July 17, 2013 -- One of the U.S. Marines who was caught on video urinating on the corpses of suspected Taliban fighters has broken his silence to say that he's not sorry for what he did and he'd do it again.
"These were the same guys that were killing our family, killing our brothers," Sgt. Joseph Chamblin told ABC News affiliate WSOC in his first interview since the 2011 incident. Chamblin said he did regret any repercussions it may have had on the Marines, "but do I regret doing it? Hell no."
When asked if the act of urinating on the corpses was his form of revenge, Chamblin told WSOC, "We're human. Who wouldn't want that if you lost your brother or mother? Wouldn't you want revenge?"
Chamblin said one of his fellow Marines, Sgt. Mark Bradley, was killed in an IED explosion days before the incident.
The video, which was shot in July 2011 and surfaced online in January 2012, appears to show four men in uniform looking around before urinating on three dead bodies. At least one of the men chuckles as they do so.
"Have a great day, buddy," one of the men is heard saying, apparently to a dead body.
At the time the video surfaced, U.S. Secretary of Defense Leon Panetta called it "deplorable" and Afghan President Hamid Karzai said it was "deeply disturbing" and "inhuman."
Secretary of State Hillary Clinton said she felt "total dismay" after hearing the story.
"It is absolutely inconsistent with American values, with the standards of behavior that we expect from our military personnel and the vast, vast military personnel, particularly our Marines, hold themselves to," she said then.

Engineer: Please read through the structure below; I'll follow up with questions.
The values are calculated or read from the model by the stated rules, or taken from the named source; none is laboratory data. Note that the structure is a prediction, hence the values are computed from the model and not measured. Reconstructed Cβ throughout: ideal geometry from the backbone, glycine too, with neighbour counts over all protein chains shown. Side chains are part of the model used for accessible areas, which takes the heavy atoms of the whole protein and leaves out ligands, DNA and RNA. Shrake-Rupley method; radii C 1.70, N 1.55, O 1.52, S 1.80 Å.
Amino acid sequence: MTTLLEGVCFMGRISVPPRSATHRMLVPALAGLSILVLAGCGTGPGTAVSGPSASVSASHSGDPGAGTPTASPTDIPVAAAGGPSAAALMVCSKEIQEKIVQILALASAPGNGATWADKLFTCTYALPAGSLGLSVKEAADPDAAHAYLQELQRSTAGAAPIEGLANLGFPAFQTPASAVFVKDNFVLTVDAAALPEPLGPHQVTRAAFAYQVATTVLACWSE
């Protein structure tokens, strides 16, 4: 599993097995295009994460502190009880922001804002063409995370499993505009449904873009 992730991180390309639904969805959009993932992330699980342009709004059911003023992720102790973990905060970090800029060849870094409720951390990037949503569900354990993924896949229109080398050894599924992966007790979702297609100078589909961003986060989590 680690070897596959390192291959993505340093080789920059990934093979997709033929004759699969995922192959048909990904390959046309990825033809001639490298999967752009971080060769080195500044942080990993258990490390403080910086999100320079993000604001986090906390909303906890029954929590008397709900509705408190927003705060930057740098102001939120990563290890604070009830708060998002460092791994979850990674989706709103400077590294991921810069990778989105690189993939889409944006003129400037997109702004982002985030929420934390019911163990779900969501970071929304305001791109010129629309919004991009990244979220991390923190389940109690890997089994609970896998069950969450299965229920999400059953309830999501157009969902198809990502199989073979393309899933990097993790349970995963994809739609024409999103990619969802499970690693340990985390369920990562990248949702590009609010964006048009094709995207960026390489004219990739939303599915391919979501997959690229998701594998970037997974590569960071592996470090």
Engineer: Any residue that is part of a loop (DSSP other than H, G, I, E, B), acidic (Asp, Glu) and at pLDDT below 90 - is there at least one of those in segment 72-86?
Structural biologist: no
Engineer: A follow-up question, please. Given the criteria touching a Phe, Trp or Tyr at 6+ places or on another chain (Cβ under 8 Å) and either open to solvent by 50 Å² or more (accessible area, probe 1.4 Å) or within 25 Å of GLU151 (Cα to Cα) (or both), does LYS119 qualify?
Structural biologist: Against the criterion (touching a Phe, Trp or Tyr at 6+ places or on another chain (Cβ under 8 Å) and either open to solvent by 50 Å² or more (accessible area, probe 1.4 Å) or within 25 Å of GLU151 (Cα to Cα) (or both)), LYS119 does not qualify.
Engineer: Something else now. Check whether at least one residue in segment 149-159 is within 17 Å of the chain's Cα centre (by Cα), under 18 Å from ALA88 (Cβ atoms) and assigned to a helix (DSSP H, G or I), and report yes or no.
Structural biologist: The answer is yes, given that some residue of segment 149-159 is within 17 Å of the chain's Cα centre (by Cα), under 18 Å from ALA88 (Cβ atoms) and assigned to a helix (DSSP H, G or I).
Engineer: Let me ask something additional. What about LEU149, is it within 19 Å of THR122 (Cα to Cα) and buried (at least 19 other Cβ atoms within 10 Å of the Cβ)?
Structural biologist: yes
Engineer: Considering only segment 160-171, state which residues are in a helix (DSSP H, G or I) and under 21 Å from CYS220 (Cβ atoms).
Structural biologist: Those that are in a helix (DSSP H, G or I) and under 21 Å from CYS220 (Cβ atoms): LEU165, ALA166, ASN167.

The video prompted the Marines to launch an internal investigation, in addition to a Naval Criminal Investigative Service (NCIS) investigation, in order to determine "What happened in the Marine Corps that this [was allowed] to happen?" a Marine official told ABC News then.
Chamblin, who was one of the Marines shown in the video, was court-martialed and pleaded guilty. He was fined $500 and demoted, WSOC said. The other Marines in the video, as well as several others who allegedly played a role in the incident, faced similar charges.
Chamblin told WSOC the incident occurred after a gun battle between his men and the Taliban left nearly a dozen enemy dead. He and his colleagues were ordered to recover the bodies.
"It's not like it was a conscious thought or decision but one [of the men] was like, 'You know what, [urinate] on these guys.' And some said, 'Yeah, [urinate] on them,'" Chamblin said.
Chamblin said he plans to retire from the Marines in September, without regrets, and is writing a book called "Into Infamy," WSOC reported.